The Most Powerful Force in Startups: Network Effects

Why they matter, and the 5 step process to leverage them

Network effects are the most powerful force in startups. They help small companies grow fast and big companies to retain users.

They're the holy grail of the startup world (especially in competitive markets).

I helped grow new products at Uber Eats and Airbnb and have studied them extensively.

Here's the details on how to leverage them for your startup πŸ‘‡

Network Effects and Why They Matter

Network effects are a phenomenon where the product or service becomes more useful or valuable to each user as additional users use it.

Some examples:

  • Uber -> more drivers = shorter wait times

  • Slack -> more team members = more valuable archive of conversations

  • Airbnb -> more hosts = more options for travelers

Not all products experience network effects. For example, your experience using a personal todo list app does not get better when someone else starts using it.

But for the ones that do, network effects provide both the best defense against competition and the strongest way to disrupt existing products in the market.

The 5 Stages of Network Effects

To fully harness network effects, a startup must go through 5 stages:

  1. The Cold Start Problem

  2. The Tipping Point

  3. Escape Velocity

  4. Hitting the Ceiling

  5. The Moat

a16z General Partner Andrew Chen first identified them in his book the cold start problem. here's how each stage works:

The Cold Start Problem

New networks must first solve the chicken-and-egg problem. How do you get the first users to join a network, when no network exists yet?

To understand this, you have to first understand the concept of an atomic network.

An atomic network is the smallest self-sustaining version of a network using the product that can possibly exist. For example, slack famously identified that a team would use slack if it had 3 or more people (not less).

Additionally, each network has a type of user that is harder to attract but essential for a network to survive. For example:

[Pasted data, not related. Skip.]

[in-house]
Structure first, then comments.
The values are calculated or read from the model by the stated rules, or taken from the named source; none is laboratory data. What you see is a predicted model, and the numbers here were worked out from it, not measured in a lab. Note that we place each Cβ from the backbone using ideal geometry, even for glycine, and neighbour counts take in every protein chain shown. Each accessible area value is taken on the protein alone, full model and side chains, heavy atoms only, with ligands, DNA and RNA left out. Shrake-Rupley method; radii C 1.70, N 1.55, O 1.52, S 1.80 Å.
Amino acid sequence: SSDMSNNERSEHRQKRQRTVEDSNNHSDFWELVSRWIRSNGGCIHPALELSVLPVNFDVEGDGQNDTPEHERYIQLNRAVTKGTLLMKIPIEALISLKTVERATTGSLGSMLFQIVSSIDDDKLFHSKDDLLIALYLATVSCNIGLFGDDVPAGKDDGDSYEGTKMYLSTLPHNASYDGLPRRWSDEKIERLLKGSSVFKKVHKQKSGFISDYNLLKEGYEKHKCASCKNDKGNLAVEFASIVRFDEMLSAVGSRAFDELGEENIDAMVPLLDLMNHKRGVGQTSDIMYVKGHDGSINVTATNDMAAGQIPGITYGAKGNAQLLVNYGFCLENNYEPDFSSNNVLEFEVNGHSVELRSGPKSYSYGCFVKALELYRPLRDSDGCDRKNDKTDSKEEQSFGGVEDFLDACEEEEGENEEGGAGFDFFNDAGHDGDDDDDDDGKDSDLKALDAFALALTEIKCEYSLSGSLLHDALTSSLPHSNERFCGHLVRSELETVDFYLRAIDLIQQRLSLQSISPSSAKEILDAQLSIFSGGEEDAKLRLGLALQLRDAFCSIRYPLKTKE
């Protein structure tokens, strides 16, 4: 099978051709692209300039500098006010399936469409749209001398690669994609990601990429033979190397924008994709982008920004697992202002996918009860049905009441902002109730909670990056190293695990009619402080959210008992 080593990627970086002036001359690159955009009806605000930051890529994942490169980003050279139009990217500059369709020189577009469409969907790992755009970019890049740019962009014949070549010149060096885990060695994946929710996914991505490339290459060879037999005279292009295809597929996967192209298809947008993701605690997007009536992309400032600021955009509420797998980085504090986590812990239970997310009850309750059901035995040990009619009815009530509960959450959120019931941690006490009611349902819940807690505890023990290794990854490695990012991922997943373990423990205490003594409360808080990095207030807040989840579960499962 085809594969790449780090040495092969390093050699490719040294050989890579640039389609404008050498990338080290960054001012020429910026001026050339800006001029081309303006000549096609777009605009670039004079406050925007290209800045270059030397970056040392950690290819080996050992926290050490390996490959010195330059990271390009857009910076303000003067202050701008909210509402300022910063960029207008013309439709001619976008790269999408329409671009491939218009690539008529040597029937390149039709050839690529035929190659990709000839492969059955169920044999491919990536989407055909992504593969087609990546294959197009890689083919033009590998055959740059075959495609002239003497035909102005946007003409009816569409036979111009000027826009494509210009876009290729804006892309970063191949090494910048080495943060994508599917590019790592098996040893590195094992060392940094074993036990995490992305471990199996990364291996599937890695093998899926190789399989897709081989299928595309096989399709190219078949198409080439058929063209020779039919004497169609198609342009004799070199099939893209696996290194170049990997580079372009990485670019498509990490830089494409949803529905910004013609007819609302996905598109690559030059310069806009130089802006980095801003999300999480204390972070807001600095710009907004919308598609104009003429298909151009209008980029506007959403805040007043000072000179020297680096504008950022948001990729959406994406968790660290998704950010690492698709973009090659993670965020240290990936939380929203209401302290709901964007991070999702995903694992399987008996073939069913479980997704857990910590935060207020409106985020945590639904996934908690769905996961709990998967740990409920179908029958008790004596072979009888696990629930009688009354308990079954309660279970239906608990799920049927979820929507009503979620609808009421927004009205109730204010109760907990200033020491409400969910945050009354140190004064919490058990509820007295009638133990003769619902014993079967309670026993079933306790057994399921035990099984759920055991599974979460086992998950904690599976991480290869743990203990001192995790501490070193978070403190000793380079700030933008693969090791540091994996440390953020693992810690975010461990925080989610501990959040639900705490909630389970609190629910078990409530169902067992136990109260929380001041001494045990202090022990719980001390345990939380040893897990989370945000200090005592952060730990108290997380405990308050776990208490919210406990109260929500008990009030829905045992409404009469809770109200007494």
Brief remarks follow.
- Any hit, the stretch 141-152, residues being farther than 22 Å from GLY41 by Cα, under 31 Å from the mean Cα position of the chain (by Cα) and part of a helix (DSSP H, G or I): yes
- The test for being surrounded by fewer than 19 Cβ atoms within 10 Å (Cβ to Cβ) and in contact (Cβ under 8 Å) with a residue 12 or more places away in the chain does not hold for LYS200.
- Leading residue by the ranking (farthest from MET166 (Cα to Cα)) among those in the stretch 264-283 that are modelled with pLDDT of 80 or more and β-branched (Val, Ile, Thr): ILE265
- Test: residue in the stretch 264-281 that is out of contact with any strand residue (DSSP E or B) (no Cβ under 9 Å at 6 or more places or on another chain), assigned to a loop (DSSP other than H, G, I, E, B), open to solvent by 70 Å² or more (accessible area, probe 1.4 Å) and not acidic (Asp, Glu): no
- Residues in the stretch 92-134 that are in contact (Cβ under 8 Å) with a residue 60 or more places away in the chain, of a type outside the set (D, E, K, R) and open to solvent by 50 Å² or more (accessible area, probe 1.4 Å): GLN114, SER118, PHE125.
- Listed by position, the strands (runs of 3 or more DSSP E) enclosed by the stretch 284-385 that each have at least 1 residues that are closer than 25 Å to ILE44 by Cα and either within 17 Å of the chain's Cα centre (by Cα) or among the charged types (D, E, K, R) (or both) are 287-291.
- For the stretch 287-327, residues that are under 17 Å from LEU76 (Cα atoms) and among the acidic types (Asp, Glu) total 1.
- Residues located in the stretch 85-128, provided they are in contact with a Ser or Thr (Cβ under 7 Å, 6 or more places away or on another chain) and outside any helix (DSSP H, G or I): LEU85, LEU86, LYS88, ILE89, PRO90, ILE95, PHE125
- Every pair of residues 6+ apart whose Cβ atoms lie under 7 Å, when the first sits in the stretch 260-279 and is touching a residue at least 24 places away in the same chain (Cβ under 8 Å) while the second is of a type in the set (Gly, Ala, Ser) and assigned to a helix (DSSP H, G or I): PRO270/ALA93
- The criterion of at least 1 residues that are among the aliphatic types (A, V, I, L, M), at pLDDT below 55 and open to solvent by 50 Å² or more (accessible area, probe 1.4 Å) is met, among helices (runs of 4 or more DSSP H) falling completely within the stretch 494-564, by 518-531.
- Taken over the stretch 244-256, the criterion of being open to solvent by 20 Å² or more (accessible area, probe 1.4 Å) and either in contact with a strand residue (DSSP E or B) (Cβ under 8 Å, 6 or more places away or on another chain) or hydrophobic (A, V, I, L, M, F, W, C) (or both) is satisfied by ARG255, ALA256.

• Facebook's atomic network was a college. The hard type of user was social connectors on campus.

  • Uber's atomic network was a city. The hard type of user was drivers.

  • Slack's atomic network was a team. The hard type of user was managers.

Lenny Rachitsky wrote a great post about how some of the biggest consumer apps like TikTok, Uber, and Spotify got their first 1,000 users onto the platform. Not all of the products he investigated leverage network effects β€” see if you can identify which ones do and don't.

The Tipping Point

The counterintuitive lesson about network growth is that it doesn't happen from a single atomic network expanding.

Instead, a startup should craft a strategy to build as many atomic networks as possible, as quickly as possible (while not sacrificing user experience).

There are 2 common strategies to do this:

  1. Make the network invite only. Facebook, Gmail, LinkedIn and Clubhouse all did this in the early days. This strategy drives hype / fomo and tends to provide a better experience for early adopters.

  2. Build a tool users want first. Instagram first built a tool for editing photos. Then it rapidly added social features to become a massive network. Chris Dixon coined this "come for the tool, stay for the network".

Escape Velocity

Once you have a strategy to build atomic networks at scale, your focus needs to shift to sustaining growth. As Paul Graham says, "everything else we associate with startups follows growth".

Sustained growth comes by building out 3 things:

  1. Acquisition -> leverage your network to grow it. Dropbox famously developed a referral program that helped them grow 3900%.

  2. Engagement -> increase the number, types, and depth of user interactions in your network. An easy example here is adding recommendation features.

  3. Economics -> pursue additional monetization opportunities (i.e. pricing tiers) and improve your unit economics (i.e. efficiency gains).

If you can nail all three of these while balancing all the other challenges a startup comes across, you have a shot at becoming a unicorn.

Hitting the Ceiling

No matter how fast you're initially growing, though, at some point growth will slow down. Common reasons for hitting a ceiling are:

  • Market saturation with your target persona

  • Degradation of marketing channels (aka the law of shitty clickthroughs)

  • Increased churn

  • Lower quality engagement on the platform (typically due to trolling and/or fraud)

Startups can solve this by either creating new products (like Amazon with AWS) or through acquisitions (like Facebook buying Instagram and WhatsApp).

The Moat

Even if you do well to break through the ceiling, any mature network will need to fend off competition.

If you choose not to acquire an upstart, an incumbent can successfully fend them off by either:

  • Improving unit economics / monetization

  • "Fast-following" their features (like instagram launching reels and stories after tiktok and snapchat gained traction)

But, even then, upstarts can succeed by picking off niche segments and building their own atomic networks. The fact is that a mature network won't be able to solve every type of user perfectly, or better than a product specifically targeted to them.

With that said, network effects are incredibly sticky β€” it's hard to leave a social network if all of your friends are on it.

Additional Resources

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